The bottle, a quarter full, is pulled away from the fountain. Savannah's free hand comes in a slight wave before a shaky hand snakes down into her message bag and pulls out a small bottle of pills. Leaning against the wall next to the fountain, she pulls out one of the pills, tossing it into her mouth and swallowing it quickly.

There's an affirmative nod from Graeme, though it's clear he's intending to give the woman the choice of whether to come and join the conversation, rather than beckoning her over. And apparently, the man is feeling a bit prosaic at the moment.

"The truth that makes men free is for the most part the truth which men prefer not to hear." It's said with the tone of voice that's more recital, lecture, than anything else, though with no unkindness, no judgment. He pauses, considers Devon. "It's still pretty rough. I know. It's going to take time, you know. It's going to take time."

Expression darkening, Devon's gaze slides back to Graeme, Savannah temporarily forgotten. "You have no idea," he states evenly, his own tone quiet but with cold edges. "Don't patronize me, or treat me like a child. You don't know what it is or isn't." For himself, the teenager means. Graeme may very well know what he's speaking of for his own being.

Pale eyes flick toward the woman again. Devon's jaw closes, muscles tightening briefly before he wills them to relax. It's hard to explain and even harder to practice the return to civilization after being severed from it. Worse is every day interaction, especially after the capture he'd suffered, taken by Humanis First. "You should say hi, if she's your friend," he adds after a pause and a breath.

Savannah finishes off the water she put in the bottle, back still against the wall for support for a moment before her still-shaking hand deposits the container in a trash bin. Her gaze flickers towards Graeme. "Did you get some rest?" She questions, but she doesn't approach them. No need to intrude.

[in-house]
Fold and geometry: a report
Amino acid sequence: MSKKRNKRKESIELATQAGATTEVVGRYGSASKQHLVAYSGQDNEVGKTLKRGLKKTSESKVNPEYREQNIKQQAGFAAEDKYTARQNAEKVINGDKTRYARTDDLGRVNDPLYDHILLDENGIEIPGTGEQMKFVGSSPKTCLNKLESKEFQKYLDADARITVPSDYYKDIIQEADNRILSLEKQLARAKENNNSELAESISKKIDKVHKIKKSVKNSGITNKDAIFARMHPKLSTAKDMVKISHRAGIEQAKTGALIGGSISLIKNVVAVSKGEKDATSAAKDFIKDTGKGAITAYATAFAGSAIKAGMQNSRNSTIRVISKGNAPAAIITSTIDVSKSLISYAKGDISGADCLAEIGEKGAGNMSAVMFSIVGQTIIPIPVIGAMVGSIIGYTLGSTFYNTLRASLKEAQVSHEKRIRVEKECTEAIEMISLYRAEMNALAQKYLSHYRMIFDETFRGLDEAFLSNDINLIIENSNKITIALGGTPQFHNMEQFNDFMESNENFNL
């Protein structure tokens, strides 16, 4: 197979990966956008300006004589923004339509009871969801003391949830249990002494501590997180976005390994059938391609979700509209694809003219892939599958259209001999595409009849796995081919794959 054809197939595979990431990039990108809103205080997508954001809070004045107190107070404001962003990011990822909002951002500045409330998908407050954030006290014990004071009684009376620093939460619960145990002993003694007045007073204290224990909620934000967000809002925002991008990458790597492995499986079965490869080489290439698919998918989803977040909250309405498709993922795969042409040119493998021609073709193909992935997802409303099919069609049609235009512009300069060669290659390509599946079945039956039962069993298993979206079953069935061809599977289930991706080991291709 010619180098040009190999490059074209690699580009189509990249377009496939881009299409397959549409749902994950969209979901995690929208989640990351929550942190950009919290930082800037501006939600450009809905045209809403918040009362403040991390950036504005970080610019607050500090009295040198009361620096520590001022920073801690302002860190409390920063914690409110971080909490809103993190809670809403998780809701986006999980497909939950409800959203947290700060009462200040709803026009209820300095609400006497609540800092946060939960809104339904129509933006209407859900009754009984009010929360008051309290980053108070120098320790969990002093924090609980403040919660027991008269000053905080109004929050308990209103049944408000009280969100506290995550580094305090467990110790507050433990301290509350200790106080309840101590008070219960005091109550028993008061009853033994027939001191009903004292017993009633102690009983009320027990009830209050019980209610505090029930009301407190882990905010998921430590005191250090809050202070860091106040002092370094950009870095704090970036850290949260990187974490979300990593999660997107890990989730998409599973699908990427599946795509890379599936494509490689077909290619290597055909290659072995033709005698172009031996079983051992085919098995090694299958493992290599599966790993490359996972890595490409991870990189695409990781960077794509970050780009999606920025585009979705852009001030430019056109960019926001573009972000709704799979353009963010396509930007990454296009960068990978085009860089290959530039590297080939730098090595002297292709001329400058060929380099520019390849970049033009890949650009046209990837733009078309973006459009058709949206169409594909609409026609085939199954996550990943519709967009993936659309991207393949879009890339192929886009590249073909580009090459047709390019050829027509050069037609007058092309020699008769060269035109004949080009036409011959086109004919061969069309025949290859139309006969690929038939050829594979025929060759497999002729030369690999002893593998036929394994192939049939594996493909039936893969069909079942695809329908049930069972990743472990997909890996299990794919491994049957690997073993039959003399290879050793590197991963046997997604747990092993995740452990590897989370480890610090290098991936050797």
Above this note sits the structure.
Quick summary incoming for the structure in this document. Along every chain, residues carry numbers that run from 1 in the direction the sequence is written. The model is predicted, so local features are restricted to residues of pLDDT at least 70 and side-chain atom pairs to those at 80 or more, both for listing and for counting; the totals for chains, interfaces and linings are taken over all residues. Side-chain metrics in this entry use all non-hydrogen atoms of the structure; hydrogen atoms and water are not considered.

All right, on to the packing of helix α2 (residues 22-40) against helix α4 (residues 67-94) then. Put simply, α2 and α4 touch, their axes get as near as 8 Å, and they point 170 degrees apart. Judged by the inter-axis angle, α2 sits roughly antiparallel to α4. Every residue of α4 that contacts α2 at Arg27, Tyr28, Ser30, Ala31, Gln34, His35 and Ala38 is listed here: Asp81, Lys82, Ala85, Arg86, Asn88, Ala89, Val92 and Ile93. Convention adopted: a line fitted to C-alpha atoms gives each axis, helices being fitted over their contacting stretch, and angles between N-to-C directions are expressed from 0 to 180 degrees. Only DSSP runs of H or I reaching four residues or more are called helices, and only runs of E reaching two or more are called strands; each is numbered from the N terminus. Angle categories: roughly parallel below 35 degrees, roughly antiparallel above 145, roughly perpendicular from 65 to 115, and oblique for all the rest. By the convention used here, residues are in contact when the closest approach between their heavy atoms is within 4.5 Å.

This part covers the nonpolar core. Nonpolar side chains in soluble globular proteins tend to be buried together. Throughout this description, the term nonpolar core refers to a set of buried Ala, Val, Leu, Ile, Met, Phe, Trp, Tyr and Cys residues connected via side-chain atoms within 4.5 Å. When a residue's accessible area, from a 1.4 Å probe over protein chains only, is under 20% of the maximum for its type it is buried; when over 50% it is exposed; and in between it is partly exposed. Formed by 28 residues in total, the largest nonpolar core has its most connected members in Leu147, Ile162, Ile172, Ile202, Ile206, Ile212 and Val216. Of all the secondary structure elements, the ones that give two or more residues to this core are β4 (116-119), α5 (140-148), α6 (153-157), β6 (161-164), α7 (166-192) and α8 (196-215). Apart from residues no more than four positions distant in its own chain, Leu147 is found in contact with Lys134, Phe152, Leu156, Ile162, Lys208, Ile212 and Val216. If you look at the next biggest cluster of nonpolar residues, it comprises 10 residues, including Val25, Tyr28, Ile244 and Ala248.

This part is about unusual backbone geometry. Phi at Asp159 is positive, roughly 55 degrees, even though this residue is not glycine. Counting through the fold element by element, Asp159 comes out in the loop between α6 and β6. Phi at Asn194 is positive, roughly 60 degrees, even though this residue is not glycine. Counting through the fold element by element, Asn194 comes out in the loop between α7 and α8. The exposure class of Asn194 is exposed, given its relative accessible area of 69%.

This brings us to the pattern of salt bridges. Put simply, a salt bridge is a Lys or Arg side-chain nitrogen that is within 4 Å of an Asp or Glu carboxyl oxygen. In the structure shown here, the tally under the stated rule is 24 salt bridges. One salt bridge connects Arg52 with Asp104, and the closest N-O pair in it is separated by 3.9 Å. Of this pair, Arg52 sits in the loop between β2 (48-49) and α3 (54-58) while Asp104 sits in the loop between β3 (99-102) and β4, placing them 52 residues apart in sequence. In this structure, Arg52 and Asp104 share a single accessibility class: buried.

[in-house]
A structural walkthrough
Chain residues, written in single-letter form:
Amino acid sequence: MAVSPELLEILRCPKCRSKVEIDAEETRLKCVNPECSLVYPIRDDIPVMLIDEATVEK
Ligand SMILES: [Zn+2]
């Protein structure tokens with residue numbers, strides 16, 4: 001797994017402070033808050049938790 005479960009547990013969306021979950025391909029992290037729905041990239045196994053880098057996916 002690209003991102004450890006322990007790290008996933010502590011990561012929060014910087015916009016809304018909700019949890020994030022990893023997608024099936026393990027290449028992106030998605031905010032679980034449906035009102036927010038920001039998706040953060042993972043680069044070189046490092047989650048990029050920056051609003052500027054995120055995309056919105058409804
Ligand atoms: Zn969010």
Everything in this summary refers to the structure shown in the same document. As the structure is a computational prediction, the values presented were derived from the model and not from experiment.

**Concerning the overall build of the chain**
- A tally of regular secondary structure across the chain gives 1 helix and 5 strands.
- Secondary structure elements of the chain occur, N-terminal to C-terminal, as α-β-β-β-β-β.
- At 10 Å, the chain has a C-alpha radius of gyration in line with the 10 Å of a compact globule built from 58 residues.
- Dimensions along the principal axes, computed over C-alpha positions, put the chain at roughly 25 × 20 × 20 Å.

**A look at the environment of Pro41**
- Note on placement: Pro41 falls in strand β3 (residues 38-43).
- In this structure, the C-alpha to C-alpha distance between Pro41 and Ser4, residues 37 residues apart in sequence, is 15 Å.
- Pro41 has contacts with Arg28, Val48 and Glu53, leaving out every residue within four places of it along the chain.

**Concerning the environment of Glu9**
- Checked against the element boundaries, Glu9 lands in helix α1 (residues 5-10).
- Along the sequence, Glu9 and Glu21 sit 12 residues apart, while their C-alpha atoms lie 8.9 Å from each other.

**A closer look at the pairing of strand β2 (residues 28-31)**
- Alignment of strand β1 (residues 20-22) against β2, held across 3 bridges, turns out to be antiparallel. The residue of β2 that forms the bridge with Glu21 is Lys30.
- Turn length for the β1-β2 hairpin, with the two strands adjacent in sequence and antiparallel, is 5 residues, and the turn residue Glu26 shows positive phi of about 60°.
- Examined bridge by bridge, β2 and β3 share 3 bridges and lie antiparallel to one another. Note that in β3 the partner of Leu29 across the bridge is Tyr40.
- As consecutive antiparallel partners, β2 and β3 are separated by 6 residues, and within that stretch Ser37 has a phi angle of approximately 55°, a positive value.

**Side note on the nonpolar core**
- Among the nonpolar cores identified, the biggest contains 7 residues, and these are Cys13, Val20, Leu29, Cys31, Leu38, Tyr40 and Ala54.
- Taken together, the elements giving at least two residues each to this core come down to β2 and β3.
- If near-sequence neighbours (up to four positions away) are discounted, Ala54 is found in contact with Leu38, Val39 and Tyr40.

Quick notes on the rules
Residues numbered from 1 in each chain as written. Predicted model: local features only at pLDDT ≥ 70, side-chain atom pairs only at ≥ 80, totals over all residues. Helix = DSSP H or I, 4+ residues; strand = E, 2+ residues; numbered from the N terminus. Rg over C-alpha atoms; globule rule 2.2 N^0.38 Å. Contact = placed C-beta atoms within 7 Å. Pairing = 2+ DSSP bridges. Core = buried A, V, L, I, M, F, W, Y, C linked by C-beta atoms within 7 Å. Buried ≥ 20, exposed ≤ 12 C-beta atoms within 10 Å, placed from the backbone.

"Yeah, I did," Graeme says, pitching his voice so that it carries, with practised ease. "Thanks." There's a pause and then Graeme answers Devon, slow drawl mixing with the clipped way the man tends to speak when he's tired.

"I am not patronising you. That wasn't my intention, and I'm sorry you took it like that." He bites his lip. It's bleeding again, there's a hint of it at the edge of his mouth, and still, Graeme doesn't notice. It's not a high enough thing on his pain tolerance scale to even register as more than a slight pinch. "I'm sorry, yeah?" He turns, to watch Savannah, biting back his own memories, further in the past but brought far too close to the surface.

Devon draws back into silence, with a marked watchfulness of eyes shifting between Graeme and Savannah. He lets out a slow breath, leveling a look on Graeme, then turning his attention to the world outside the window. "Yeah," he agrees, breaking his own silence. "Sorry."

Another breath sees the teenager stepping away from the window and moving toward the elevators. "I'll let you two catch up. Or… " He'll evade like he's wont to do.

Savannah takes a few steps forward, noting the two of them. "You don't have to leave. We don't really know each other. I just saw him today at a bookstore. Don't let me interrupt what you're talking about…" She offers, looking a bit guilty. Clearly she thinks the reason Devon's heading off is because of her.

Graeme takes half a step, testing his weight on the skateboard again, though he never actually rolls it back and forth within the actual building. He's stopped biting his lip, and he holds a hand up to Devon, briefly. Whether it's in parting, or gesturing for the teen to stay … he's going to let Devon and Savannah figure it out. For the moment, the man has nothing to say.

"We weren't talking about anything," Devon replies, not unkind. And at least, nothing he cares to touch on further. He doesn't press the button to call the elevator once he reaches it, eyes focused on the circle that would light up when touched. "Nothing that can't be interrupted. It's fine… I'm… I'm just wasting his time anyway."

The blonde's eyes fix on Devon for a long moment. "Wasting his time?" Savannah's gaze moves from Graeme back to Devon. "I don't know how much time he has, but I've got all the time in the world and you don't really seem like you're fully alright." She shifts her messenger bag. "You alright? I'm a good ear if you want to talk."

Graeme leaves his skateboard on the ground, and takes a few steps, pauses, then takes a few steps more, inserting himself between Devon and the elevator button. "You weren't wasting my time," he says, quietly. He's as serious about that statement as he'd been about the earlier ones.

"You some kind of shrink," Devon asks, head turning enough to afford a sidelong look at Savannah. "I'm fine, thanks. I don't really need to talk to anyone." Which may or may not be entirely true, but the boy's got a tight lid on his problems, reacting but not sharing. His attention returns to the elevator, and to Graeme.